10 Awesome Pieces of Public Art in San Pedro
6. "Ship in a Bottle"
"Ship in a Bottle" came to being in 2011 as part of efforts to renovate the Port of Los Angeles. It's located in the Cabrillo Way Marina, where you might take a nice, short stroll before stumbling upon the piece by artist Mark Dion. The bottle here is 12 feet long and the model of a container ship trapped inside the bottle is 8 feet. It's much bigger that the ships in bottles we've seen in living rooms but still makes you wonder, "How did you squeeze the ship in there?" 2293 Miner St., San Pedro.
7. "Multicultural Man"
"Multicultural Man" is one of several statues by Italian artist Francesco Perilli that were distributed in various countries. The one in San Pedro was a gift from the Italian city of Ischia. This token of appreciation didn't land near the San Pedro Promenade without some controversy, though. "Multicultural Man" may have come without distinguishable facial features — that's part of the concept — but he is anatomically correct. So, of course, someone had to get peeved by that. The hoopla seemed to be generally confined to the South Bay and eventually subsided. Now, "Multicultural Man" stands near the fountain where kids splash around on a hot day.
8. "You Are the Key"
You'll find a higher concentration of utility-box art on Harbor, but it exists elsewhere in San Pedro as well. Over on Pacific and Seventh, artist Adrienne Wade's work is so delightful that it nearly distracted me from a nearby glob of something nasty. By covering a boring old utility box with happy hues and uncomplicated images, Wade created a very hopeful piece of art, even when the sidewalk is at its Sunday morning grimiest.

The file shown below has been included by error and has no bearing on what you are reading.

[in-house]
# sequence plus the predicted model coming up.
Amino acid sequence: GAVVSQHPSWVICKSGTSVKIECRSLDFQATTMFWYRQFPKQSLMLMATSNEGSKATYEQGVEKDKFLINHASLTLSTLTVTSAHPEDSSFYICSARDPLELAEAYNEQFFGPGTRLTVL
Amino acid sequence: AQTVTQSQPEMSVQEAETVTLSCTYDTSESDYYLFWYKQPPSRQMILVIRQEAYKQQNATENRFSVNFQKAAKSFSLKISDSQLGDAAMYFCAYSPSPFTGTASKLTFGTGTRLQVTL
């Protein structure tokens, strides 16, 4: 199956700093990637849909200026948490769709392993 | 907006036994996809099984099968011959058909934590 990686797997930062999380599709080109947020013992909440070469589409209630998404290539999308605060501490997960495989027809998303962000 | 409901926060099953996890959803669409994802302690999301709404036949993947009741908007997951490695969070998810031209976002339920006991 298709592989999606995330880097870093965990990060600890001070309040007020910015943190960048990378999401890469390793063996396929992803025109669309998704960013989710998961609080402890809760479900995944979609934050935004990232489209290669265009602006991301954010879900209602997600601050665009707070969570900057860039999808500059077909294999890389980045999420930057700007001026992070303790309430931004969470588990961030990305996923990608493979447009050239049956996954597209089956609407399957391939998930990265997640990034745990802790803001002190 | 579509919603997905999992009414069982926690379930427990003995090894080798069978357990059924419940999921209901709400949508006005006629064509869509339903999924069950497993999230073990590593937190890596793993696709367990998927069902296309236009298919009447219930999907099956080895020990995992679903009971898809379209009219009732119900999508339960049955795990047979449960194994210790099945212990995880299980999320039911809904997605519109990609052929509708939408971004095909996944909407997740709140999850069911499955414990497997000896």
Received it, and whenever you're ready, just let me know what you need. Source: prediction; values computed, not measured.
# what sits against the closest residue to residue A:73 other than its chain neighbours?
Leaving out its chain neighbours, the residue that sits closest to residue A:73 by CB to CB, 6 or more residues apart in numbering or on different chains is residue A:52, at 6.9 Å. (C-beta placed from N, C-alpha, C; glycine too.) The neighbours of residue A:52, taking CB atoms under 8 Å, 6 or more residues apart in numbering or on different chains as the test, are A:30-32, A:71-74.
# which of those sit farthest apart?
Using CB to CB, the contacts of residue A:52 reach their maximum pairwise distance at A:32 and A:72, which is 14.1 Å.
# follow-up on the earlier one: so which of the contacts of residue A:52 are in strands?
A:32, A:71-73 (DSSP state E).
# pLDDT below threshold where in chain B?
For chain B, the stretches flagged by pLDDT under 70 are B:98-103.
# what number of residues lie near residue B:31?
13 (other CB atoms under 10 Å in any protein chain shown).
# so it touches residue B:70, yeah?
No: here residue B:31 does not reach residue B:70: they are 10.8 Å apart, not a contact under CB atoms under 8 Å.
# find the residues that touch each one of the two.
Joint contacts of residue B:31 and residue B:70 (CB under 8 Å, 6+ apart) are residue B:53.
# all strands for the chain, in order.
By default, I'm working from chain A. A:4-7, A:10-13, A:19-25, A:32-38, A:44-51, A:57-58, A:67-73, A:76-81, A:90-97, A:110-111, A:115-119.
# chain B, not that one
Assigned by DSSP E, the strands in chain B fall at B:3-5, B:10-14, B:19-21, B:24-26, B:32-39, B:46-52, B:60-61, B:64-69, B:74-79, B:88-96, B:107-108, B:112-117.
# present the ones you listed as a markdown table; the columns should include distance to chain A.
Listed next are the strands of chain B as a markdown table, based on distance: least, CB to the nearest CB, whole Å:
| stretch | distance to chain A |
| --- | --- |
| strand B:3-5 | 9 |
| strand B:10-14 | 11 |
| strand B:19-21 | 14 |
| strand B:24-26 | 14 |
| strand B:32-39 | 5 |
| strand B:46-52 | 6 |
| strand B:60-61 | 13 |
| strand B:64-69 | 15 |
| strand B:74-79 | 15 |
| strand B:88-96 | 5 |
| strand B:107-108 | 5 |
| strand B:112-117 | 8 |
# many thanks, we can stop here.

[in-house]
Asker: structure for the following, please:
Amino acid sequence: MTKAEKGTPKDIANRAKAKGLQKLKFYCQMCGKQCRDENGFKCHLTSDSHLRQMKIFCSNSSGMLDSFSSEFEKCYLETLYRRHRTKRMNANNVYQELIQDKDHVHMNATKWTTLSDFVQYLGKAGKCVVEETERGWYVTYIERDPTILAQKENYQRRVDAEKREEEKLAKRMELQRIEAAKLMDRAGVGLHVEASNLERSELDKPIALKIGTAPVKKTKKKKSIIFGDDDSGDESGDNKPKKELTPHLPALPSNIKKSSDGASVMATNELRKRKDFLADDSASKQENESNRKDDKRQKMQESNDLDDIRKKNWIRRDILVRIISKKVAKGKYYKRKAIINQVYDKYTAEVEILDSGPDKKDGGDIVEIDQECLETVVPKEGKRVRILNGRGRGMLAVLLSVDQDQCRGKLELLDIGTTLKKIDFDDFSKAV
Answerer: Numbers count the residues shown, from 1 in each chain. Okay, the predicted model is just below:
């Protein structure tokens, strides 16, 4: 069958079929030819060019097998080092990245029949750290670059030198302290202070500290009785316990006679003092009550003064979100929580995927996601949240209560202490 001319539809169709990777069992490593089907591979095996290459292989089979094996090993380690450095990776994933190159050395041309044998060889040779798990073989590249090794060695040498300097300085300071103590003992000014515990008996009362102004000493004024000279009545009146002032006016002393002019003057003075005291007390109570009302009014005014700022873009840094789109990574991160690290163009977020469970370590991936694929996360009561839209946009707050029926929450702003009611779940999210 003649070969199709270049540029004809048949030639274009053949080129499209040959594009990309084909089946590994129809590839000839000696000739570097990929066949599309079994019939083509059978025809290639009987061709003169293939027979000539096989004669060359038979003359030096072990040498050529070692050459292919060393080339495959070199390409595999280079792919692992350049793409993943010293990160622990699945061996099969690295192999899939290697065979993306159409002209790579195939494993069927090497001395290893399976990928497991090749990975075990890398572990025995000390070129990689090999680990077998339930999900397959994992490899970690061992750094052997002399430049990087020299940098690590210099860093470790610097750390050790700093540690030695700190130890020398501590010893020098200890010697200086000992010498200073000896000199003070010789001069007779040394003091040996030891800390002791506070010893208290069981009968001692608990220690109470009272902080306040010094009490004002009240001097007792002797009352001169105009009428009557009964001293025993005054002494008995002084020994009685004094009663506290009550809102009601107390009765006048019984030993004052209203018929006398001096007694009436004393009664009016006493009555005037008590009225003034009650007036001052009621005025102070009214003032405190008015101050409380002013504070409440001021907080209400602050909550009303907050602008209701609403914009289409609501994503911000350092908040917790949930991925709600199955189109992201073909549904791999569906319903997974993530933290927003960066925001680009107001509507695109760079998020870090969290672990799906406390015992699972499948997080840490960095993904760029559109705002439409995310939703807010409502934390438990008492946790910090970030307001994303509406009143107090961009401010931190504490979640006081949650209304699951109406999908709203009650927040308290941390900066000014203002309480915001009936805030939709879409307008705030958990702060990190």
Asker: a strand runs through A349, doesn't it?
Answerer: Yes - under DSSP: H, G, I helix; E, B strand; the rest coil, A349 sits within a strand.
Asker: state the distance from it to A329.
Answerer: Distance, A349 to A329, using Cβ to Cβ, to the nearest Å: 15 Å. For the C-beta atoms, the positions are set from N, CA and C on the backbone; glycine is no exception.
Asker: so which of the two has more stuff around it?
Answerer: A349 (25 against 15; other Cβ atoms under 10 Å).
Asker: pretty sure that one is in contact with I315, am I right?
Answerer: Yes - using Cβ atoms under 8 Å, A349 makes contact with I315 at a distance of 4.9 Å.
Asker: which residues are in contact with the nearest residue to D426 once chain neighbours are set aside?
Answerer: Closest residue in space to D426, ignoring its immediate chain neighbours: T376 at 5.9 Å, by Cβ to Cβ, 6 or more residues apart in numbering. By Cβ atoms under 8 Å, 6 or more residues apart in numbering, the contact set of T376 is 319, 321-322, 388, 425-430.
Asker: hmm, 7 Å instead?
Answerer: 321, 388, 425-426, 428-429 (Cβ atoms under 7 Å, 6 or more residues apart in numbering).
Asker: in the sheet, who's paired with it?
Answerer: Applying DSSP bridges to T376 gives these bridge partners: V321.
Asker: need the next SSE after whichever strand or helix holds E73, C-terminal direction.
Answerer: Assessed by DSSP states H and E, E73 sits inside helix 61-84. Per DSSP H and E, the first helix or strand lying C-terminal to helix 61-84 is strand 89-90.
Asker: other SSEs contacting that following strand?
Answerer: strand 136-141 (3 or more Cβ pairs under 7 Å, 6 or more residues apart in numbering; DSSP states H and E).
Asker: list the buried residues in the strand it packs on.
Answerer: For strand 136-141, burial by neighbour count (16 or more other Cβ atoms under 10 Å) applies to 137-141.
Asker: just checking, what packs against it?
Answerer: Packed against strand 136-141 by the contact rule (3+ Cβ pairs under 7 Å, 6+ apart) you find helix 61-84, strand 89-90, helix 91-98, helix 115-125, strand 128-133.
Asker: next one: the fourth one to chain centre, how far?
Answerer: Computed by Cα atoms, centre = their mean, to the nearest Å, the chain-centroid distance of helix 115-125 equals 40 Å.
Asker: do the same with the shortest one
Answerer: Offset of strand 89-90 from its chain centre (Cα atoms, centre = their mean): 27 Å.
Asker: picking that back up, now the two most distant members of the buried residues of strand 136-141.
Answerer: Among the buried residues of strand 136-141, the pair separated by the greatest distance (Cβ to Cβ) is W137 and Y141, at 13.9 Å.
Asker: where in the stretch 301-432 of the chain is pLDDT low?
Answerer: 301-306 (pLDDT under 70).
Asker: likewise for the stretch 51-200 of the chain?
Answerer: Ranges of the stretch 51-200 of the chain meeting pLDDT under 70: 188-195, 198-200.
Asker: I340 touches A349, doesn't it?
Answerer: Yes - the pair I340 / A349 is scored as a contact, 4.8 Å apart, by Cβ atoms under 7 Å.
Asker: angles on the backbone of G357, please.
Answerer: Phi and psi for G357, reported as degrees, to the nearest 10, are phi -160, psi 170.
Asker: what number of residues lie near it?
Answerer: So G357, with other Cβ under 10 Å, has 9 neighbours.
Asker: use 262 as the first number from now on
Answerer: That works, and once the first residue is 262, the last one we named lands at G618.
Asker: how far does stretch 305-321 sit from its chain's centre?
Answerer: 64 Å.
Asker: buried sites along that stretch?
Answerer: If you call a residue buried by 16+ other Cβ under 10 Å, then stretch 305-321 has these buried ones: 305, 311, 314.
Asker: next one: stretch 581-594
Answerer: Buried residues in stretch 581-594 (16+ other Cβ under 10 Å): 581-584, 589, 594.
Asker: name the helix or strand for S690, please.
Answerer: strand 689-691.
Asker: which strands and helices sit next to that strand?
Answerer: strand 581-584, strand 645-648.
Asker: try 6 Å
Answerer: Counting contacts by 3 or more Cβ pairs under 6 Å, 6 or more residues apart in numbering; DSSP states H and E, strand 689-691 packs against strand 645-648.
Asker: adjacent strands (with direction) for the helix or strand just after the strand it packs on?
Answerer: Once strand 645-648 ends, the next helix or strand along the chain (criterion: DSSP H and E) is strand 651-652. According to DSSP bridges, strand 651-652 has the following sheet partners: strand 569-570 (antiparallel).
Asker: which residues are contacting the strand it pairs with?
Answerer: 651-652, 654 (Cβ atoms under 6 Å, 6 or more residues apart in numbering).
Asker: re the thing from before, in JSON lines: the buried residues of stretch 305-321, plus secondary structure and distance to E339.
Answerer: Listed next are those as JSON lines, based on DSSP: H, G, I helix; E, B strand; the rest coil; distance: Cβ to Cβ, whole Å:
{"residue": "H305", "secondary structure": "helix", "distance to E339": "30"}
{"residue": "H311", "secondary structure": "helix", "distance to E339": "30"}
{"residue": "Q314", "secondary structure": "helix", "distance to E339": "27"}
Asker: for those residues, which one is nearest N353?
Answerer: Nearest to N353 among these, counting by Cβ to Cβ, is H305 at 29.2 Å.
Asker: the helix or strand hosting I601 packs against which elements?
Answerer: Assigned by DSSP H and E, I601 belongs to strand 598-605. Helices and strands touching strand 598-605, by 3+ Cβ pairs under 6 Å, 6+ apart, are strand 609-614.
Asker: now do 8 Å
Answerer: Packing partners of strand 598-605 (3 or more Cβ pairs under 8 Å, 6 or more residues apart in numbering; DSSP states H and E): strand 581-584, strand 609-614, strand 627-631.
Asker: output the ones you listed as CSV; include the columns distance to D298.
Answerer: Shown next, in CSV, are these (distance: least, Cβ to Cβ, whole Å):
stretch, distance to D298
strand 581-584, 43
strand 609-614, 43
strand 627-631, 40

A utility box in San Pedro painted by Nuria Ortiz
9. More utility box murals on Harbor Boulevard
If you like your walks dotted with bits of street art, Harbor Boulevard in San Pedro is the place for you. It's a busy street and parking isn't fantastic, so you might want to just stroll around when you're already in the area. Some of the pieces are easily viewable from the street. Others, like the box on Harbor and O'Farrell painted by Nuria Ortiz, consist of multiple pieces that can stand on their own, so you'll want to walk around the box to get a good view of it.
10. Korean Bell of Friendship and Bell Pavilion
If you're heading to San Pedro, venture to the Korean Bell of Friendship and Bell Pavilion. There are a lot of reasons to come here. The view is beautiful. There always seems to be a good breeze, which might be why there are kites wrapped around wires. Then there's the bell. The Korean Bell of Friendship is a gift from Korea for the occasion of the U.S. Bicentennial. It's huge, weighing 17 tons, and inspired by the Bronze Bell of King Sondok. It's a showpiece and a spectacular backdrop for a wedding; in fact, the last time I visited, the bell was off-limits due to such an event. Angels Gate Park, 3601 S. Gaffey St., San Pedro.
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